0

Got it to work with XeLaTeX and a unicode-supporting font -- while I prefer libertinus (and it does beautiful math-mode Cyrillic and some Middle-Eastern scripts), it does not have good Asian coverage so for this I used my fallback Unifont. All you need to do get your glyph to display in math mode is to wrap it in \hbox (or even, apparently, \mathrm -- does someone know why?). To make it size properly with subscripts, we provide definitions with \mathchoice.

\documentclass{article}
\usepackage{fontspec}
\setmainfont{Unifont} % \usepackage{libertinus} has no Asian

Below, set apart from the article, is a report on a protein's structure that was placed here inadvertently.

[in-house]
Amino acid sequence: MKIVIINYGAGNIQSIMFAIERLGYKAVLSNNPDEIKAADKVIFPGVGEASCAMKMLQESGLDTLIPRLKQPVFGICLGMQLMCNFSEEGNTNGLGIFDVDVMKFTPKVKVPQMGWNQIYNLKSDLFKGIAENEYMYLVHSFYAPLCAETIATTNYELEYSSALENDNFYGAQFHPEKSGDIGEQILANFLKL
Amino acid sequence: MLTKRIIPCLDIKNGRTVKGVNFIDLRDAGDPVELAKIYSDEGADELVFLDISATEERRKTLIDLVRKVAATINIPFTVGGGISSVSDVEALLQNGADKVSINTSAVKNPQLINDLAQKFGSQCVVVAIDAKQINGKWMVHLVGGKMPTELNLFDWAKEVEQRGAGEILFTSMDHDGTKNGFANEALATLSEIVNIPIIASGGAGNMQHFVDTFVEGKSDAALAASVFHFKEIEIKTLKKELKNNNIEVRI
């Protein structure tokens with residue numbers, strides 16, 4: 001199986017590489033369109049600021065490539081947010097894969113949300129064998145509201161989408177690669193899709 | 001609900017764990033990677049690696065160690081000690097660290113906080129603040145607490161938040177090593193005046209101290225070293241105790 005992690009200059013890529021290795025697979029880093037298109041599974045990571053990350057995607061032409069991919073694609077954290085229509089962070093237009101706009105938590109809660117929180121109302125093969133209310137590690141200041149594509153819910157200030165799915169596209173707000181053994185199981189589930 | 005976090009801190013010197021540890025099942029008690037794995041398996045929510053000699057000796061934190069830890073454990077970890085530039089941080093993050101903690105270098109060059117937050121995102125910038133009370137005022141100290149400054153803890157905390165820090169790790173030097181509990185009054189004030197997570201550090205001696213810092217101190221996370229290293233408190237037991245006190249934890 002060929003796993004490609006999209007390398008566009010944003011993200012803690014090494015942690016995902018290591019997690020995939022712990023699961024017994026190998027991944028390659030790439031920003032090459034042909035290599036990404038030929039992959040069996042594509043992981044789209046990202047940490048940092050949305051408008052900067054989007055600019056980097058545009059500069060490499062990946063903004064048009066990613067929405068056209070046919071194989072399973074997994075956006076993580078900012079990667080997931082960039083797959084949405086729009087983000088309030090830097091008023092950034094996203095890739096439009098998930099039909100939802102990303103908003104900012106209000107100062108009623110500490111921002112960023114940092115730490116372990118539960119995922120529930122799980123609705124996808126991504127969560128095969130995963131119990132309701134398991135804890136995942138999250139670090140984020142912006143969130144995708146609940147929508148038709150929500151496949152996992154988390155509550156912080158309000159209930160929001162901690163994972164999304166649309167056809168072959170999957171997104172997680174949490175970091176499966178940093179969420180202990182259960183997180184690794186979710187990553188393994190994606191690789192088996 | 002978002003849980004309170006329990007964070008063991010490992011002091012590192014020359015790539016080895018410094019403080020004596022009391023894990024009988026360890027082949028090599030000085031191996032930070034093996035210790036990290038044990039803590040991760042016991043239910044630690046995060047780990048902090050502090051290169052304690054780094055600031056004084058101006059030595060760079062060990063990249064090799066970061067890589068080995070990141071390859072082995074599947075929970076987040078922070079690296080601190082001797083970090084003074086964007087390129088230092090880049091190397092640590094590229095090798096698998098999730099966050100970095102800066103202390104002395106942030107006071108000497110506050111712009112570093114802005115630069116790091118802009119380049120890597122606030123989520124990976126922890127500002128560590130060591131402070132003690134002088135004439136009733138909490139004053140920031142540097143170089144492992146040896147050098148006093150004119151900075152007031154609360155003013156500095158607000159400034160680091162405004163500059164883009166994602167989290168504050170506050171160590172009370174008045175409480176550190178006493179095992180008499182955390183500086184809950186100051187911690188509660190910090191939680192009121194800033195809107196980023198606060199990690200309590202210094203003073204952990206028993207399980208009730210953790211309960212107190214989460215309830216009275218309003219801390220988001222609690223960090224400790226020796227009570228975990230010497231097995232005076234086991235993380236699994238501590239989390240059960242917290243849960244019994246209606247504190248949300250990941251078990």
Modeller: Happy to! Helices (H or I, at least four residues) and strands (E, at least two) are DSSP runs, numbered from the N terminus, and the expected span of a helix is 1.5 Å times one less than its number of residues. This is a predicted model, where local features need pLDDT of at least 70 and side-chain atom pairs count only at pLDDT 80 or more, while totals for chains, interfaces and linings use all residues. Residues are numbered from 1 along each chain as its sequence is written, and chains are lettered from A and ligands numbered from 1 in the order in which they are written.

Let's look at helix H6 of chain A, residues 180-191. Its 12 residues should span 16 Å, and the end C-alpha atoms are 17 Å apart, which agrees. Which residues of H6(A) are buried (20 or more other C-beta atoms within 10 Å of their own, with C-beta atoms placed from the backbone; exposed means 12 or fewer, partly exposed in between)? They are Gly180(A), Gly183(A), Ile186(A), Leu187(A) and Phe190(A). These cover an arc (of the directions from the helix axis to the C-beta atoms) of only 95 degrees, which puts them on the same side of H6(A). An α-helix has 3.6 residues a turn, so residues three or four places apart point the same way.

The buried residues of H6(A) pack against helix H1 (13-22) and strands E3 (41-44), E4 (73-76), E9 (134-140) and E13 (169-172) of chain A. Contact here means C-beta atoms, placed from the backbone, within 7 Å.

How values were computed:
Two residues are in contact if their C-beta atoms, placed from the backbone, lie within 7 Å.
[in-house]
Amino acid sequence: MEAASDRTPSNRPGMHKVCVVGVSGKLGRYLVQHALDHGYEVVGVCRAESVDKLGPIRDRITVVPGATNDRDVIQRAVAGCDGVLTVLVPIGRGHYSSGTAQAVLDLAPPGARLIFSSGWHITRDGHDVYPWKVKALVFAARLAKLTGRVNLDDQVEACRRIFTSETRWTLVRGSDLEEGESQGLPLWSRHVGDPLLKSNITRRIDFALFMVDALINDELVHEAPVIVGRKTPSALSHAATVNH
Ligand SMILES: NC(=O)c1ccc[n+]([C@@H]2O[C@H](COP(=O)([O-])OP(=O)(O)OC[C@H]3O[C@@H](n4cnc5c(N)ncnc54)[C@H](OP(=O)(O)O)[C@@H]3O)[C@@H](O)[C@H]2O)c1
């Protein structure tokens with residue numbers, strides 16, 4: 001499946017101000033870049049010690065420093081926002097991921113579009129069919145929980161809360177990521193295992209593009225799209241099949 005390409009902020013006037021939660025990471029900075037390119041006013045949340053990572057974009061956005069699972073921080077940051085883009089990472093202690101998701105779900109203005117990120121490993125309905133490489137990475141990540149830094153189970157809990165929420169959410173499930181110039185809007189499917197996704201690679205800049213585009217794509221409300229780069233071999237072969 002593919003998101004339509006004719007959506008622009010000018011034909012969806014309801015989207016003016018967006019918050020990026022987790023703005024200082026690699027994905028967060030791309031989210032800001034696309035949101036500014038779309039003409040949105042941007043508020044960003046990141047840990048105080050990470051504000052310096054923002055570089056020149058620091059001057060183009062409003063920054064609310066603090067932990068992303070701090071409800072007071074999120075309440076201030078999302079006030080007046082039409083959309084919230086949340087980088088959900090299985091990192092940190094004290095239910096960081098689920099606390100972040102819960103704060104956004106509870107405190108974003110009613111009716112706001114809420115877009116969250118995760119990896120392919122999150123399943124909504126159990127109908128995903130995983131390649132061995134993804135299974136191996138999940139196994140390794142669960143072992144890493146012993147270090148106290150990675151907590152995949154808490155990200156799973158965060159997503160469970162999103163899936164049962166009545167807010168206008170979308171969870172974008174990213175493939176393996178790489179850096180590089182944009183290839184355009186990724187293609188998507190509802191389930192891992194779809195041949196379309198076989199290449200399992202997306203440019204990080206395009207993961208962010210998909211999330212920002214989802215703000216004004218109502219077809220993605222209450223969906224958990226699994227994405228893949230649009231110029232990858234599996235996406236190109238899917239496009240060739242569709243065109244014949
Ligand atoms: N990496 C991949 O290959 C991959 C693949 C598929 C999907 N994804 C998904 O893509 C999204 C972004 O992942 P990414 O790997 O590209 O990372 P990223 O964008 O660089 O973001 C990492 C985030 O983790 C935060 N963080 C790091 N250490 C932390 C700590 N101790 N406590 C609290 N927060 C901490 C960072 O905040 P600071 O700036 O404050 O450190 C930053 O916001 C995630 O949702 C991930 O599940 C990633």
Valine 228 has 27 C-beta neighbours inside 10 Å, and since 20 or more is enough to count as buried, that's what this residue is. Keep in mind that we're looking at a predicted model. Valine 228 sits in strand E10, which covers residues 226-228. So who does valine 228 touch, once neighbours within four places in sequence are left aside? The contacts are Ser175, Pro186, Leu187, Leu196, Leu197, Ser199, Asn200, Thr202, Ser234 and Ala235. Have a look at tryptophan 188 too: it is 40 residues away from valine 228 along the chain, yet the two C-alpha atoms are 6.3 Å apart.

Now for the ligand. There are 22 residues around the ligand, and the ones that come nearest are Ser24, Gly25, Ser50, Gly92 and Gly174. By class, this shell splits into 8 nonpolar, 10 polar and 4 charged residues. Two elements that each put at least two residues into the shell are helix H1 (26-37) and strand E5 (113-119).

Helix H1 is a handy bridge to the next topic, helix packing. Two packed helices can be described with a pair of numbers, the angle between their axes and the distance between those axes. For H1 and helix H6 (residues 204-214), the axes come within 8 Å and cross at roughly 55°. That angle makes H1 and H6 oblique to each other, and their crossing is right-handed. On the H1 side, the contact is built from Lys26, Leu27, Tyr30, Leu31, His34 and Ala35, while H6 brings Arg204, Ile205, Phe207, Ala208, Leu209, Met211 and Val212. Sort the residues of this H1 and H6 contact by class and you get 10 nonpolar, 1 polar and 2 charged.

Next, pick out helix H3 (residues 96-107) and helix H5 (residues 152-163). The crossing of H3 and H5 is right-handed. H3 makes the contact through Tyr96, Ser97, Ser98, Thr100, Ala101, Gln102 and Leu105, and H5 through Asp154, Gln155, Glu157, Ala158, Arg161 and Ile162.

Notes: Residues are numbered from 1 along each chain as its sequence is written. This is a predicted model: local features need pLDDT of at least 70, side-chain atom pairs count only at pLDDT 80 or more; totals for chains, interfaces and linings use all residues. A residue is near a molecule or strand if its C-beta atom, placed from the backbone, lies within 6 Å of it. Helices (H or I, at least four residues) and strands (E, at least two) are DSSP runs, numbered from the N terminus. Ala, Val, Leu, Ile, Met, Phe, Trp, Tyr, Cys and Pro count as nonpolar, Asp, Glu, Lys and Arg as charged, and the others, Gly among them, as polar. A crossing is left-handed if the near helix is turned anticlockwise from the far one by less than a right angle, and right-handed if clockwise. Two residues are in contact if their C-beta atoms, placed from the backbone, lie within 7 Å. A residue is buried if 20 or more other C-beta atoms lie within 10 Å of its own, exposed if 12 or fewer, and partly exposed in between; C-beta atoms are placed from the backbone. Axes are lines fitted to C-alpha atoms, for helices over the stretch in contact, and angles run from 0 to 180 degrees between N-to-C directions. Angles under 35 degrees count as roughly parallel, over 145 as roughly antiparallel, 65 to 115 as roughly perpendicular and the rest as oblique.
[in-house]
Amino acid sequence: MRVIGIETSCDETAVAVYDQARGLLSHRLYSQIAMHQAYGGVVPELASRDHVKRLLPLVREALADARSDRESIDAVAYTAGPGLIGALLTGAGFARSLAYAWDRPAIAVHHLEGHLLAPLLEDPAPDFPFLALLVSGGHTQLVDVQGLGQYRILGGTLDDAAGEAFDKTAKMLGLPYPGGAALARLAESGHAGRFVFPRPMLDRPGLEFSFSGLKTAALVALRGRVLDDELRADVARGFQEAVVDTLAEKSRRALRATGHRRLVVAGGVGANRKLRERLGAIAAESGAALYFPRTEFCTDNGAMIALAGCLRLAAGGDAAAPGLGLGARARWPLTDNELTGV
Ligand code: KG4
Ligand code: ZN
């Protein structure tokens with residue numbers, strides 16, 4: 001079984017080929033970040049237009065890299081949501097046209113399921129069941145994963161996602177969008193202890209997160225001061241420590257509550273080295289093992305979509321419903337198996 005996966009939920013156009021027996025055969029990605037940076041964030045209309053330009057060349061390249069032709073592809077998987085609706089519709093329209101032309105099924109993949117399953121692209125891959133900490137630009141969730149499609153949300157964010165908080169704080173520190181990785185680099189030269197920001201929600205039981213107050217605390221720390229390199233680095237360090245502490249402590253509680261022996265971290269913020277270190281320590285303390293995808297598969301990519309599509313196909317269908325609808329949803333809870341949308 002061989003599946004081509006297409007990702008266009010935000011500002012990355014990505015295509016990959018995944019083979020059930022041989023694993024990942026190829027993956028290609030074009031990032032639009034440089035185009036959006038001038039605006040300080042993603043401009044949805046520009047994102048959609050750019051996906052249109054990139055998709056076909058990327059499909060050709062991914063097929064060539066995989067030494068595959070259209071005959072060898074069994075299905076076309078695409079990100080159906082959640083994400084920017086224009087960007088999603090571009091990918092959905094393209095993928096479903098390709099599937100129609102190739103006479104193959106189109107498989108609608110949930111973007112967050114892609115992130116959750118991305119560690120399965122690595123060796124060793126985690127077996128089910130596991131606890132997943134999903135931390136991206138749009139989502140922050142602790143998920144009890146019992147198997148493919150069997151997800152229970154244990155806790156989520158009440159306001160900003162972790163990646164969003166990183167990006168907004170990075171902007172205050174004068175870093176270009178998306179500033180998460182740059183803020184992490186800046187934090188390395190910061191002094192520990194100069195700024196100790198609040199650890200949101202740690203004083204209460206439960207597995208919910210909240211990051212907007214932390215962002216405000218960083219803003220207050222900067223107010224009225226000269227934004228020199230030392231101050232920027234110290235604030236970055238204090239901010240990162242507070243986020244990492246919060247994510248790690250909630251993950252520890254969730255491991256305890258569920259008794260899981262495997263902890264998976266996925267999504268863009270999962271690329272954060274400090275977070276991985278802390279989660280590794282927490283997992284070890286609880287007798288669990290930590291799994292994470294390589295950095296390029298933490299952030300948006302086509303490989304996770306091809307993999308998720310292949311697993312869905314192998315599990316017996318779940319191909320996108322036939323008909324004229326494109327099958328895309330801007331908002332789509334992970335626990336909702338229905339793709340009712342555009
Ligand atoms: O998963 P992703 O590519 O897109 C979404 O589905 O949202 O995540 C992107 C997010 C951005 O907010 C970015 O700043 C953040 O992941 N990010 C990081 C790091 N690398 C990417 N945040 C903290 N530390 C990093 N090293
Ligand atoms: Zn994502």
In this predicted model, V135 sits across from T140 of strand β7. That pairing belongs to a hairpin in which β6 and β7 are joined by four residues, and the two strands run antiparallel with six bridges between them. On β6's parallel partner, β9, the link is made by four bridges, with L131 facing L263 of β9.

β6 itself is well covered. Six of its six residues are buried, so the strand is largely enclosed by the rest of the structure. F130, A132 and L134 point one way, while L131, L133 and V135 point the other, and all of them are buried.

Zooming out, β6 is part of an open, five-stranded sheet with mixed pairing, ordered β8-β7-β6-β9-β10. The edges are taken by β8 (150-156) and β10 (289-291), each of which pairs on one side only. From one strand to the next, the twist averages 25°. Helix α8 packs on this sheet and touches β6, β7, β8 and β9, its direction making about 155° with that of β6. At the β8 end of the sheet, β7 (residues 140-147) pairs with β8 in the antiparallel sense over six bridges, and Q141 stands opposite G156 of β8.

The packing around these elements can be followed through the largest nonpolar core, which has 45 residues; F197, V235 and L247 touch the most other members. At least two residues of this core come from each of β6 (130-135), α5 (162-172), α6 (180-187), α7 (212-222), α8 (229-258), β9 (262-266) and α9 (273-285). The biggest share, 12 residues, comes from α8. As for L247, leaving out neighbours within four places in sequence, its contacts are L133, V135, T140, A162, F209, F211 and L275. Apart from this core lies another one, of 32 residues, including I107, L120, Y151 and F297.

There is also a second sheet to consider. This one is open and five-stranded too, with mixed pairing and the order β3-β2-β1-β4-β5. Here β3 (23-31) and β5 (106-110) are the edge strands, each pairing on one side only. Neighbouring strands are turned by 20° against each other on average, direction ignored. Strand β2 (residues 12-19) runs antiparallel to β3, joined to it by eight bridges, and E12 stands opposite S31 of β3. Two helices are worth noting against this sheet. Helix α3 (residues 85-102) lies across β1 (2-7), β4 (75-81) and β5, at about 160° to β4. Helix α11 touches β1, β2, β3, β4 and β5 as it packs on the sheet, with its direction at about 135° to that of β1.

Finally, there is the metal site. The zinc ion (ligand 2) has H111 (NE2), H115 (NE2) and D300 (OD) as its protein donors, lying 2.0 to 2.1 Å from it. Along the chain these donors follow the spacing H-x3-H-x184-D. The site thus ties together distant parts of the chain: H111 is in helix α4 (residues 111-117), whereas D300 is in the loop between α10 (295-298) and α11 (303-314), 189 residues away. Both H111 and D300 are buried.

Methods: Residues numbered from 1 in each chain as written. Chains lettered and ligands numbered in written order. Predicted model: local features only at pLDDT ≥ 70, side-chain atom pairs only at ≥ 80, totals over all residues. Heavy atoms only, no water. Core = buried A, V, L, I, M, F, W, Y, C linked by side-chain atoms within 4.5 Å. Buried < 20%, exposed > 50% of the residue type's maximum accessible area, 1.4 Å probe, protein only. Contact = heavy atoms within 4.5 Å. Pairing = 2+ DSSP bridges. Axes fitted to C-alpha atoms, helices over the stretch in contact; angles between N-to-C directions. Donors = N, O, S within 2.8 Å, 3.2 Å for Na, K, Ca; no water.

\newcommand{\MM}[1]{\mathchoice{\hbox{#1}}{\hbox{#1}}{\hbox{\scriptsize{#1}}}{\hbox{\tiny{#1}}}}

\begin{document}

blah $\hbox{x}$ blah $a\MM{ャ}T = 2নy+3\hbox{ж}^5-x_{\MM{ж}}$ blah ャনж

\begin{equation}
  d_0 \mathbf{i}\mathrm{নT} = \forall 2x \MM{ャ}
\end{equation}

\end{document}

I also briefly tried the package unicode-math but 1. It only works with OT math fonts, of which 2. None seem to have Asian support.Output of GNU Unifont Bengali, Kana, and Cyrillic in text and math-mode

| improve this answer | |
  • 1
    To comment above, I wholly endorse using Sanskrit-Hindi, Persian, Cyrillic, Chinese numerals, and the Mayan zero (all important in history of math) as alternatives to especially blackboard bold and script Latin. It's at the point where some books will readily use book both bbb and boldface (for fields and tensors say) or both curly and fancy script (for Lagrangian and L-density vs ang-mom in one book). I for one welcome a bit of fresh culture. – Kompootor Jul 30 '19 at 11:08